Access to housing, fair and secure jobs, clean environments, community-oriented businesses, and political empowerment, to name a few – are distributed unevenly and contribute to the continued marginalization of low-income communities and communities of color. Equitable communities recognize these existing disparities and seek out ways to redress them.

Investment capital is a fundamental factor in what makes an equitable community, whether by its mere presence or absence, its terms, or its intention. Importantly, the process, voice, and agency around its control are an integral part of what leads to equitable outcomes for communities.

New approaches to capital deployment are emerging that prominently feature grassroots and community-engaged processes, from CDFI roundtables of grassroots community organizations to resident-governed capital pools targeting the funding gap for entrepreneurs of color. While these efforts span a range of community engagement in their design, governance, and participation, they all offer an alternative to the historic top-down nature of capital interventions. Given their promise, we need to understand what makes grassroots and community-engaged processes work, what is missing, and how they can best be supported and strengthened to flourish.

This project aims to document the landscape of community-engaged capital interventions both in terms of types of capital being deployed and the structure and depth of community-led processes. It will also provide action-oriented guidance to three main stakeholder groups – grassroots community organizations, philanthropic actors, and financial intermediaries.

Project Goals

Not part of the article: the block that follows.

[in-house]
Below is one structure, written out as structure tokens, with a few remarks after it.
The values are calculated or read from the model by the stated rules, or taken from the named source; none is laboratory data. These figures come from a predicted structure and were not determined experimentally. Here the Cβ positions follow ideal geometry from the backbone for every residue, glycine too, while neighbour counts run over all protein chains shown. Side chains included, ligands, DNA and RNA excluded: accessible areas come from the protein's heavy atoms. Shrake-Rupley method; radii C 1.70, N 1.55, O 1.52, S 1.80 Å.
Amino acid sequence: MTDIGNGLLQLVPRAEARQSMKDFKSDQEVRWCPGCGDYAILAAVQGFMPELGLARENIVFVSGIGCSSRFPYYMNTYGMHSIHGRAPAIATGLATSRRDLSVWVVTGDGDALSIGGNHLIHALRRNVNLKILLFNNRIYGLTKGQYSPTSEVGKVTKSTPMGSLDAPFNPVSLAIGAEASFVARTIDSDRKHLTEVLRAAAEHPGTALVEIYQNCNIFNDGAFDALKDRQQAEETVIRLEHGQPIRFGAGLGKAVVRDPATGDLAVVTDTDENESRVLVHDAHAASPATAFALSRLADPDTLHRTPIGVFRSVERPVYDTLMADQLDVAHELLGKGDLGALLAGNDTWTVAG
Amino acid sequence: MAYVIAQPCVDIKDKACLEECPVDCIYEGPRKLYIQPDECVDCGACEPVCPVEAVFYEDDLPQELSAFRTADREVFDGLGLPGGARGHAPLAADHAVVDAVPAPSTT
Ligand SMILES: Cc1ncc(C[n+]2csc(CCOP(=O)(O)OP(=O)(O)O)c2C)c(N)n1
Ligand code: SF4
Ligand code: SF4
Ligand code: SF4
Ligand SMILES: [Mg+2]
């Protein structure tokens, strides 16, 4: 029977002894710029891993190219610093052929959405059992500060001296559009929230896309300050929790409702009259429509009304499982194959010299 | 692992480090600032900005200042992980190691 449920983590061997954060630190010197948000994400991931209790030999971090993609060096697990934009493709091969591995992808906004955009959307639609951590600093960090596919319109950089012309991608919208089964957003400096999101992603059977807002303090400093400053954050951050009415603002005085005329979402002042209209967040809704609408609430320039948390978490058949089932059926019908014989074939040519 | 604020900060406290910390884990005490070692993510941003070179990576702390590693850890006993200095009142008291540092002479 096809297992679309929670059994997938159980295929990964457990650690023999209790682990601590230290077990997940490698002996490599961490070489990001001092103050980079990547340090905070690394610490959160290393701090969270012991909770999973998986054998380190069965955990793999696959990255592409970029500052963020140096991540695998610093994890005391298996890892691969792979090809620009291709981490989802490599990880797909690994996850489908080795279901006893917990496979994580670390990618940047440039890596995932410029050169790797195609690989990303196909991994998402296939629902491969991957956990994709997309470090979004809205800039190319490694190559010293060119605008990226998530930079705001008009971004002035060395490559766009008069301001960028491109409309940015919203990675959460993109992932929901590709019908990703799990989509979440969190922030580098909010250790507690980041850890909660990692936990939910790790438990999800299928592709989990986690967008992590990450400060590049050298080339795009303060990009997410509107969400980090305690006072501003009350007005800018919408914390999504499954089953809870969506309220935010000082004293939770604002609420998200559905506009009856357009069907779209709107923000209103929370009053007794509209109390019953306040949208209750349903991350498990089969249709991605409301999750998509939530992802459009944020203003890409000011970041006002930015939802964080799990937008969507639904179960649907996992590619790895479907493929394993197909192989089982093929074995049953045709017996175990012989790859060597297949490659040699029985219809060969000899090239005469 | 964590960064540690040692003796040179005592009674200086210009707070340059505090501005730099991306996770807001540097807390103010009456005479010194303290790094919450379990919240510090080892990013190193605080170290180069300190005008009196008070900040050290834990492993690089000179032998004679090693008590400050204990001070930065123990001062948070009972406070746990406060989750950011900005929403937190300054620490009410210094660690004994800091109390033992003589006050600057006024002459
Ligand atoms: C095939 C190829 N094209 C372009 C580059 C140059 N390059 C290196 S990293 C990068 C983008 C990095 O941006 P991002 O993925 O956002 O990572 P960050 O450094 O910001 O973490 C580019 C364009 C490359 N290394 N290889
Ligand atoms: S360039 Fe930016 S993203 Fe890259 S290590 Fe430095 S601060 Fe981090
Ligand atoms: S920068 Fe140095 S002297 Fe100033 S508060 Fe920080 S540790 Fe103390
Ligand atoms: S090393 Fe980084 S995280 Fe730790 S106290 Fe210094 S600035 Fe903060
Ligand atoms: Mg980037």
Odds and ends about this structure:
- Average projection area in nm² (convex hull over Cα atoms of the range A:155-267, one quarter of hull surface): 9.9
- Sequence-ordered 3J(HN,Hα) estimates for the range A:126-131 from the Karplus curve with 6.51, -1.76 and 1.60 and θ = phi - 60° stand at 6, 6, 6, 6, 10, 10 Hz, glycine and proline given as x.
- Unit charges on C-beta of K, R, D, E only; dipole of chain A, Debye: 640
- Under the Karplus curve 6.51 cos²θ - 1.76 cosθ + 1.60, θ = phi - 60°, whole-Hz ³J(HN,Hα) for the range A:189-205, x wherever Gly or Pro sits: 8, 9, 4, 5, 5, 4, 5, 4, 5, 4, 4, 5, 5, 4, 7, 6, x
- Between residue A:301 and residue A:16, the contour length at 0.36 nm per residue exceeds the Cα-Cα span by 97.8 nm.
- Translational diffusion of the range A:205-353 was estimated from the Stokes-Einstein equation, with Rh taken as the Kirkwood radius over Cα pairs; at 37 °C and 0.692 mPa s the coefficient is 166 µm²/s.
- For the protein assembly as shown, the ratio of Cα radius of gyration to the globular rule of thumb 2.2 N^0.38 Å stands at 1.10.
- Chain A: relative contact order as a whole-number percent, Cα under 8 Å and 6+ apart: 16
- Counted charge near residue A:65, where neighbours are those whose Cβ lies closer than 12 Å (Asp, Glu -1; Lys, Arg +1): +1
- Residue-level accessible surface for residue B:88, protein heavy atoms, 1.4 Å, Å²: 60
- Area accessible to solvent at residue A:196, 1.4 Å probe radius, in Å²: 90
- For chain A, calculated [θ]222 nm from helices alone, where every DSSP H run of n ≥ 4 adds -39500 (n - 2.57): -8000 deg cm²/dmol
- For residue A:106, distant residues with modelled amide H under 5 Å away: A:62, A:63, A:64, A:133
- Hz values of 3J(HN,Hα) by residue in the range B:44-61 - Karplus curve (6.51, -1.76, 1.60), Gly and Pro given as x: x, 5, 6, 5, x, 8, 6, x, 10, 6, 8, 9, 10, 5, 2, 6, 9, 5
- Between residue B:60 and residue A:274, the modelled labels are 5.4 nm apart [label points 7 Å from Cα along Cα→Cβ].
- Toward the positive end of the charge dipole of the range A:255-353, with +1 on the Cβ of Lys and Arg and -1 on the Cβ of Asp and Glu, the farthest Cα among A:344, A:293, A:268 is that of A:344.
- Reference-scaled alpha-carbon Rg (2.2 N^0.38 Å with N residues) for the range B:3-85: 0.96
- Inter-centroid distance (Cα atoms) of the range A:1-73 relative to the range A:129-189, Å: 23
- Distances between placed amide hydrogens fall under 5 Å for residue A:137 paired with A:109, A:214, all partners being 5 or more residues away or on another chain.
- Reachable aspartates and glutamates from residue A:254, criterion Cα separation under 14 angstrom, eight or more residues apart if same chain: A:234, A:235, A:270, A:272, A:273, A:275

1. Shed additional light on the intersection of capital flows with the conditions for equitable communities, in particular at the systemic level. This includes a review of initiatives, funding streams, types of capital deployed, investment practices, and governance mechanisms.

  2. Make the case for the role of community-engaged processes around capital deployment to more deeply align capital with equitable outcomes. We aim to substantiate the hypothesis that such processes (both at the single-project level and systemically across projects) lead to positive outcomes by aligning the goals of both capital deployers and communities while creating agency, power, and knowledge for the community stakeholders.

  3. Showcase the landscape of successful grassroots and community-engaged processes and document their characteristics via a taxonomy. Our review will include varying degrees of such processes, such as community investment roundtables (SPARCC), community capital funds (Boston Ujima Project), funding consortiums (Appalachia Community Capital), cooperative loan funds housed in existing nonprofits (Baltimore Roundtable for Economic Democracy), partnerships between anchor institutions and philanthropic investors (The Cleveland Model), and more. The taxonomy will consider demographic and geographic focus, size of initiative, amount of capital leveraged, community engagement strategy, governance mechanisms, and coordination with other grassroots practitioner actions. It will provide the basis for an analysis of which elements are most needed or helpful in fostering equitable communities.

  4. Explore the potential for capital products to complement more traditional philanthropic and debt financing. We will assess which capital products are synergistic with grassroots and community-engaged processes and are currently underutilized.  

  5. Provide actionable recommendations for grassroots community organizations, philanthropic actors, and financial intermediaries by analyzing obstacles and identifying what kind of additional support, including technical assistance, is needed for systemic change.

The principal output of the project will be a core report with an overview of our findings, complemented by a set of auxiliary action guides that provide recommendations for each stakeholder type.

Invitation to Participate

We invite grassroots community-based leaders, philanthropic actors, and financial experts who believe in deep and systemic community control over investments to join us in this project.

We are especially keen to hear about examples of ways in which community-based leaders or technical assistance providers have (or have wanted to) engaged with capital deployment initiatives and how philanthropic supporters and financial intermediaries have sought to deploy capital in conjunction with grassroots and community-engaged processes.

Please reach out to us at if you’d like to participate or learn more.